Welcome to Stoner’s Laundry

by Mary Margaret Alvarado

Stoner’s Coin Op Laundry is on the corner of Wahsatch Avenue and St. Vrain Street in downtown Colorado Springs. The white stucco building was built in 1904 and was, until 1958, the Ideal Grocery & Market; city directories note that it was vacant the following year. In 1960 it appears as Roy C. & Mrs. Betty Mason’s Econo Wash Self Serve, on a line next to entries that indicate that this woman is the “wid” of “Chas Wm,” and that this man is a “linemn” for the “Tel Co.” The 1975 directory has it under the surname “Stoner.” Some patrons swear it is a laundromat for stoners, and a banner of “Cannabis” graffiti is still legible under layers of mismatched white paint.

1975 was a prosperous year for the Stoner family; they had four “speed queen” laundries and a trophy room and taxidermy shop. Those are gone now, but their original Laundromat is still in business, though the word “original” has almost faded from the hand-lettered sign. It is open every day, from 7 A.M. until 9 P.M. In the daytime, the building’s southern face is a gallery for branch shadows; in the evening, its western windows are a tableau by Hopper, in a scene made for Christenberry. At night, Stoner’s looks like a lantern.

This is our deaf neighbor Lloyd and his dog, Little Bit. For five years we’ve lived three houses down from Stoner’s, and across the street from Lloyd, his sister Wanda, and her husband Dave. Dave drives a decrepit minivan around town, the back window of which declares, “IF YOUR PASSING ME, YOUR SPEEDING.”

When we get to our street my three-year-old daughter says, “There’s Stoner’s Laundry” to indicate that she’s home. I took these photos in the late winter and spring of 2013, ducking out of evening dishes and bath time for the baby and running down the block with my dinky Panasonic DMC-Z56, which I didn’t really know how to use. I told my daughter I was going to “my studio.”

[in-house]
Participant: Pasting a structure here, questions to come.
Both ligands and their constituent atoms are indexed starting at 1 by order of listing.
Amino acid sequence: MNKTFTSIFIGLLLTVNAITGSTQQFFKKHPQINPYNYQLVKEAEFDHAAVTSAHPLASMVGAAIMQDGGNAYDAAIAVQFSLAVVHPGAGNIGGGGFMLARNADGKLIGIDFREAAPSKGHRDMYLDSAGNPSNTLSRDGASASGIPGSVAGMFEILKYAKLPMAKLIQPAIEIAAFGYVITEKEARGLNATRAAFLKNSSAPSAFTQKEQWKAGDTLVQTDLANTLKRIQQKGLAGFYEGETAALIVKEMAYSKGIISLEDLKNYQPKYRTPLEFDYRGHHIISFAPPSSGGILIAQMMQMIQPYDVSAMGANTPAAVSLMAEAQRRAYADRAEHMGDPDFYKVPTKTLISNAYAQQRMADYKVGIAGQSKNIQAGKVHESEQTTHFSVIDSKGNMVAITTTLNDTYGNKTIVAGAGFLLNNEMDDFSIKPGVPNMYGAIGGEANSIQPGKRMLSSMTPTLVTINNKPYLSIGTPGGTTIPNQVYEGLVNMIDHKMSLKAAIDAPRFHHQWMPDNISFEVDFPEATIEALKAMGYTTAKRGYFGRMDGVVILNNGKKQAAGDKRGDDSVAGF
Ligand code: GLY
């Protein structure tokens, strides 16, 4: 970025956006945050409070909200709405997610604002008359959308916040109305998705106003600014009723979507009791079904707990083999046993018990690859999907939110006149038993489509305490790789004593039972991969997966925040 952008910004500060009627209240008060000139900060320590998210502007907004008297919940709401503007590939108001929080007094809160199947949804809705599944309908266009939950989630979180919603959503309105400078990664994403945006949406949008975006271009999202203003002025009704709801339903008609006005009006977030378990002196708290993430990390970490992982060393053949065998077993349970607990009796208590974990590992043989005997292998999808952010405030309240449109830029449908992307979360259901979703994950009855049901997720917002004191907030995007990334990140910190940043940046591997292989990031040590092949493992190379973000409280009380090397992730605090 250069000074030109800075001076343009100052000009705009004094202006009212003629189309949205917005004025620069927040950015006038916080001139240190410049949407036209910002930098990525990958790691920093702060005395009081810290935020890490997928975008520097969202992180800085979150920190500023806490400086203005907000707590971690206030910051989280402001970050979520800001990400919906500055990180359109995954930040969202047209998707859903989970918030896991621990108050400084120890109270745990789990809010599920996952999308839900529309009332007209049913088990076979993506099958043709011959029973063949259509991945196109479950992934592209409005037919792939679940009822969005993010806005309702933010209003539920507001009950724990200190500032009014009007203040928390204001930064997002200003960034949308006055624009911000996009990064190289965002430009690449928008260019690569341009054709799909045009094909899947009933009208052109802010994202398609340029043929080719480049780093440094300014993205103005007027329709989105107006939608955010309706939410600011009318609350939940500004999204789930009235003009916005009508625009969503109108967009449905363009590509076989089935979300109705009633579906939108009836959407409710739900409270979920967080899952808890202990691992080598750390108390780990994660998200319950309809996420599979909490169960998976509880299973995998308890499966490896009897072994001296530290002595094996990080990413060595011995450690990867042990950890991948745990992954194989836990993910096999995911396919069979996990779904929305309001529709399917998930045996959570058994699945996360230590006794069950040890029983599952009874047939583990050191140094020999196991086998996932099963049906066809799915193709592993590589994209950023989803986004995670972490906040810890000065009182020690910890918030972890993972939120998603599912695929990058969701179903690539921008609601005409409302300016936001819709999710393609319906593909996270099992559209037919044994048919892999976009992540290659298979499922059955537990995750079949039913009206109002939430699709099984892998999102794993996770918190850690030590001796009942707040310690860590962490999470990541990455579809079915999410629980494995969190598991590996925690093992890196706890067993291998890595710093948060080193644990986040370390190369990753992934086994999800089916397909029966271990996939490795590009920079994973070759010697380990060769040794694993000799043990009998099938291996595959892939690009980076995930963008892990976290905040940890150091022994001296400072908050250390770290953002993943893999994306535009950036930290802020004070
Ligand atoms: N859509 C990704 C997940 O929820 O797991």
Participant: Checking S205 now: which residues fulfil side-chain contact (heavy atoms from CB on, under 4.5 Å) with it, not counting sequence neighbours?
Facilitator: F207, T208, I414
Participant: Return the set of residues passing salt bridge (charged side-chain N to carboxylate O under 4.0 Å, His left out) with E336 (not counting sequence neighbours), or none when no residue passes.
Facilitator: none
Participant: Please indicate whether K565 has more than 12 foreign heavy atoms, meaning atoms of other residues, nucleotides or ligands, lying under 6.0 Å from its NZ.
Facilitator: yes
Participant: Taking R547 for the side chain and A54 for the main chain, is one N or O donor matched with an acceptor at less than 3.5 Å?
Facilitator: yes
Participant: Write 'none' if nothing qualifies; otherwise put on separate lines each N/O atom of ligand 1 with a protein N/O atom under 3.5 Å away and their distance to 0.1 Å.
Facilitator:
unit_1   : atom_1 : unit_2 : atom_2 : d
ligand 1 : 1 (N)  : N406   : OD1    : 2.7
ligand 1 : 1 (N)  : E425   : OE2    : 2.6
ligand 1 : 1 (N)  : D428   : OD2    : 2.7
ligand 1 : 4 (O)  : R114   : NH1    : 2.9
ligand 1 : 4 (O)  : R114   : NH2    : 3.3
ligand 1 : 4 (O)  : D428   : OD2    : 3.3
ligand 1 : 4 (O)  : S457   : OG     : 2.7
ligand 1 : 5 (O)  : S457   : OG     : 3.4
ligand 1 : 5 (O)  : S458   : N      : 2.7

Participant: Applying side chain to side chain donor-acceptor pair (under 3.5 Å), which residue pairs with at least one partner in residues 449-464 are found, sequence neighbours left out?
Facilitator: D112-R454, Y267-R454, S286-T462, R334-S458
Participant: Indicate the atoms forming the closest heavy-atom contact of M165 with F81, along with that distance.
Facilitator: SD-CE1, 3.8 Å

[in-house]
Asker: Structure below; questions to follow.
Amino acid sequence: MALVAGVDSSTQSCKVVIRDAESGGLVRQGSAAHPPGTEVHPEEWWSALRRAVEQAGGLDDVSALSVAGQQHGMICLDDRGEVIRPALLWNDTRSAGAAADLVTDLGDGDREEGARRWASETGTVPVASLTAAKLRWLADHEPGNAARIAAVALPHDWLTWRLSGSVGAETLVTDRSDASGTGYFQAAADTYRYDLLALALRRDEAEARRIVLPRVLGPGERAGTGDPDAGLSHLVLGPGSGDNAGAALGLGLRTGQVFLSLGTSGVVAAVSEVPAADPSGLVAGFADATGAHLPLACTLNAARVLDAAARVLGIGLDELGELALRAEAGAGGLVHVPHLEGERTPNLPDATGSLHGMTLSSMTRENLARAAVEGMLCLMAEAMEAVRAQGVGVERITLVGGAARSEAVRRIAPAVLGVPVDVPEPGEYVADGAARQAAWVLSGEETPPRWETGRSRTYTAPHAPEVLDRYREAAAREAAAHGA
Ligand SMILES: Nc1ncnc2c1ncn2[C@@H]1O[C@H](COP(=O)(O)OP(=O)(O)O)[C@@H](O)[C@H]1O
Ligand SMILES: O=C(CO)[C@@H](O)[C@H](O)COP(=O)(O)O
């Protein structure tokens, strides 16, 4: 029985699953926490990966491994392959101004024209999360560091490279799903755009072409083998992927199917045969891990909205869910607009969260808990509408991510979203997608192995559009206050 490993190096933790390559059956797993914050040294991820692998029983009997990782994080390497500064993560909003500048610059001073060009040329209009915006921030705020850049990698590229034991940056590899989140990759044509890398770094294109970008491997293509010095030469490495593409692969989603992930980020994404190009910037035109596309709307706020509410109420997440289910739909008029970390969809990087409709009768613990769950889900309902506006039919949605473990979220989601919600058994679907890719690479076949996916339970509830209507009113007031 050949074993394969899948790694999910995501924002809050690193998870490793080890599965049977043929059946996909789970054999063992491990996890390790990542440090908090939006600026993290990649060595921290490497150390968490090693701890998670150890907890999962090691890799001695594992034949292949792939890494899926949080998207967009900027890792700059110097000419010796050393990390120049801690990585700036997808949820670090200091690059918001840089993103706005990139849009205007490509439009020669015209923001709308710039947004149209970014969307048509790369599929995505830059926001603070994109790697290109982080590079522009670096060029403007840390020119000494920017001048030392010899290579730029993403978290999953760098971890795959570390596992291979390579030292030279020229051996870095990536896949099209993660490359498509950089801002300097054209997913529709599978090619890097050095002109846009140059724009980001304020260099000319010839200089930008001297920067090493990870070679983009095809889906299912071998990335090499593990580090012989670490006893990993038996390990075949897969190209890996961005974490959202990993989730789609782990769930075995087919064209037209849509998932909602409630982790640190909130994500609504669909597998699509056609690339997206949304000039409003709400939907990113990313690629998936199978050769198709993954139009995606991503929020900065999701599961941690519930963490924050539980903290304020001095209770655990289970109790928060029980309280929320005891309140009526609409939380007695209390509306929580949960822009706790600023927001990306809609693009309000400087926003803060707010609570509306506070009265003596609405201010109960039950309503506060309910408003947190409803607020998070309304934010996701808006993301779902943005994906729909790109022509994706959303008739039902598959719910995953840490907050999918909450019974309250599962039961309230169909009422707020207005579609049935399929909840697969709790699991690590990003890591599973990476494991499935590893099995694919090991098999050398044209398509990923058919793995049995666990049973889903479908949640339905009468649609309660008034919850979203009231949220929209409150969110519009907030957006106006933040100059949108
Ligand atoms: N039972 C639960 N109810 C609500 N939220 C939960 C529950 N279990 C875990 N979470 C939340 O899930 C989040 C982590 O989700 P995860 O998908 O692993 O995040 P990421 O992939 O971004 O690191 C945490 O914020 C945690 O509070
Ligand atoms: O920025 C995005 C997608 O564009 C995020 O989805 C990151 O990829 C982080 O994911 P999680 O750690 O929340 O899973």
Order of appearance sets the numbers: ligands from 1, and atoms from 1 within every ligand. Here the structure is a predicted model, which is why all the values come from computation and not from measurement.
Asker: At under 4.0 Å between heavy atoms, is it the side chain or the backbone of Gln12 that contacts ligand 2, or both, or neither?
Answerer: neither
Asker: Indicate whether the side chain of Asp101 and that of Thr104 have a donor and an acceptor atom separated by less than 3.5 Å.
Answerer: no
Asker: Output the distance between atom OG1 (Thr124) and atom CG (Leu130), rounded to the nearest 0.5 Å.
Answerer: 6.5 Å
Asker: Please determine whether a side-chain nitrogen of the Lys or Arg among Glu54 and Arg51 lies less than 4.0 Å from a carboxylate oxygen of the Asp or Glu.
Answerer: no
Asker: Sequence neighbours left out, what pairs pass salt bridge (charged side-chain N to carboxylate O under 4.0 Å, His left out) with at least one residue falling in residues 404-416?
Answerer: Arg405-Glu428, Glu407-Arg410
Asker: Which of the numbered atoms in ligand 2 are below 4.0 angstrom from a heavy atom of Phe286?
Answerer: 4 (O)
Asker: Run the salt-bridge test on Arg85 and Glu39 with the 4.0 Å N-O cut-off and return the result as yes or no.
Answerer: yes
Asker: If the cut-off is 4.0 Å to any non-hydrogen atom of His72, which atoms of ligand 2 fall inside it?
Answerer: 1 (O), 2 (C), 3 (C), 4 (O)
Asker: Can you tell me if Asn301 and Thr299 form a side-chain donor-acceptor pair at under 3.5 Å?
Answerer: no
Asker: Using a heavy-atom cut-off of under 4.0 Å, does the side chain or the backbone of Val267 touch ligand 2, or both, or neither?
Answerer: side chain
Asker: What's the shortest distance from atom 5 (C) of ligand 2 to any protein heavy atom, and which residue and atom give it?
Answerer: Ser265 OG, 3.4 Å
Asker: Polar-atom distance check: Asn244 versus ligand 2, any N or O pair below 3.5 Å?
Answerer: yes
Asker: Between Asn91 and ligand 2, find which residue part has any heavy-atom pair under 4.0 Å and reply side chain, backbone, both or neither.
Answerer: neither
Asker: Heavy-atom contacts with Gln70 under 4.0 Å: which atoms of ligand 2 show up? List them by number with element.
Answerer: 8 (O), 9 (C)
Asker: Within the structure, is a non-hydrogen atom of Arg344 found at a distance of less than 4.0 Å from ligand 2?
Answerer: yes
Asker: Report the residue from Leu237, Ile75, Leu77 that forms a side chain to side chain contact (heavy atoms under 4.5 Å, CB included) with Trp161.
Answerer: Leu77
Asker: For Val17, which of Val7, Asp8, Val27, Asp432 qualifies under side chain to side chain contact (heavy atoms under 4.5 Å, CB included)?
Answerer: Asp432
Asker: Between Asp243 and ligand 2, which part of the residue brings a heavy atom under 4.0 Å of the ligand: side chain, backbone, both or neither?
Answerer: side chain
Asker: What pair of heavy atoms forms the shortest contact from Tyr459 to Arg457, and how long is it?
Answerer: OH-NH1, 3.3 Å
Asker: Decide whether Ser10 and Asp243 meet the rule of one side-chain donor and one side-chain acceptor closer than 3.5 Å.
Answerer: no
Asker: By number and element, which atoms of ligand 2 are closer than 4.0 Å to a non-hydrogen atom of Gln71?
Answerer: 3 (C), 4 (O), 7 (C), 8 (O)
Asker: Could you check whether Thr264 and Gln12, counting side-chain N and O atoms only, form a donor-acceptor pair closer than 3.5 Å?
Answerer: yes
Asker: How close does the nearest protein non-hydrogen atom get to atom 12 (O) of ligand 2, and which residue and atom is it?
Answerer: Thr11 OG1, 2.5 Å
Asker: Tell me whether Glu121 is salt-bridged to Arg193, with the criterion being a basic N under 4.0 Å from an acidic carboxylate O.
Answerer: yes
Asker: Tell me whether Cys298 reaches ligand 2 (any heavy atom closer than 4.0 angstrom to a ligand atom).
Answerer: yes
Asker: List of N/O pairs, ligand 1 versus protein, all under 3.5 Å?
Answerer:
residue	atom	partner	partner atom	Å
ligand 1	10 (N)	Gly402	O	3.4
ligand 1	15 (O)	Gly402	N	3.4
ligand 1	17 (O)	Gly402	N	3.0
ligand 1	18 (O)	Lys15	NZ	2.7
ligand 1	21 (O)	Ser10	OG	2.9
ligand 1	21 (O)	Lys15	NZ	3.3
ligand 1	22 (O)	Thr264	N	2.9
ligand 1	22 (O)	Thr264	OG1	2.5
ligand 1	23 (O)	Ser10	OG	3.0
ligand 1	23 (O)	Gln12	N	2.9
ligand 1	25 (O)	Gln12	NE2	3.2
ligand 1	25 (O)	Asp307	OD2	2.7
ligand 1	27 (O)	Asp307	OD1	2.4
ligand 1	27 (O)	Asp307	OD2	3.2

There is nothing to do at Stoner’s laundry. There are no TVs, no radios, no magazines. There is one soda machine, and a rack for Thrifty Nickles that is usually empty. I’ve seen few so-called smart phones in the place. You can sit in a plastic chair, or you can sit in a metal chair. People talk, and some hold court for hours; they fold clothes; they head outside to smoke. At some point someone crawled under one of the three folding tables and drew intricate, skillful studies of a pinecone, a bird, and a tree by water. This woman drives over on Sunday nights in an Econovan with other people from her storefront downtown church. Her bible has Jesus’ words in red.

Some people come because Stoner’s has “the hottest dryers in town.”

Others only like to come in the morning, when it’s quiet.

Often there are one or two homeless men at Stoner’s, especially when it’s cold. The man in the orange hat brings a radio with him and stands before it, talking. The man in the red coat had a bad stepfather in Michigan; he’s still trying to escape. I always ask people if I can take their photo; he said yes, but first he wanted to straighten his clothes.

One recently homeless man wrote a book of poems called I Lost My Pants. He travels with his two remaining possessions: a black plastic bag full of clothes, and his notebook. Over the poems he’s written down the addresses of possible homes.

Stoner’s feels like a public place. In the hours between when the doors are unlocked and locked again, it is an experiment in small-scale anarchy and communal property that works. The owner isn’t around, and neither are the cops. People sleep here. They kiss. They charge their phones and wash up. It is not unusual for the neighbors to bring food to strangers who say they have nothing to eat.

Children seem to like it here. There are poles and baskets and things to climb on and floors to slide down and interesting, spinning machines. The mothers and fathers aren’t up to much, and sometimes someone brings Funyuns or a ball.

This block was built up by people with tuberculosis, mostly black, who moved to Colorado Springs for the sanatoriums and the balm of high, dry air. Now the air smells like clean laundry. Most of the year, the doors of Stoner’s are propped open and the sky and the people stream in and out.

Mia Alvarado is the author of Hey Folly (Dos Madres). Her homage to her dumb phone appeared recently in The Point. She has work forthcoming in the Boston Review, Wag’s Revue, and Sojourners.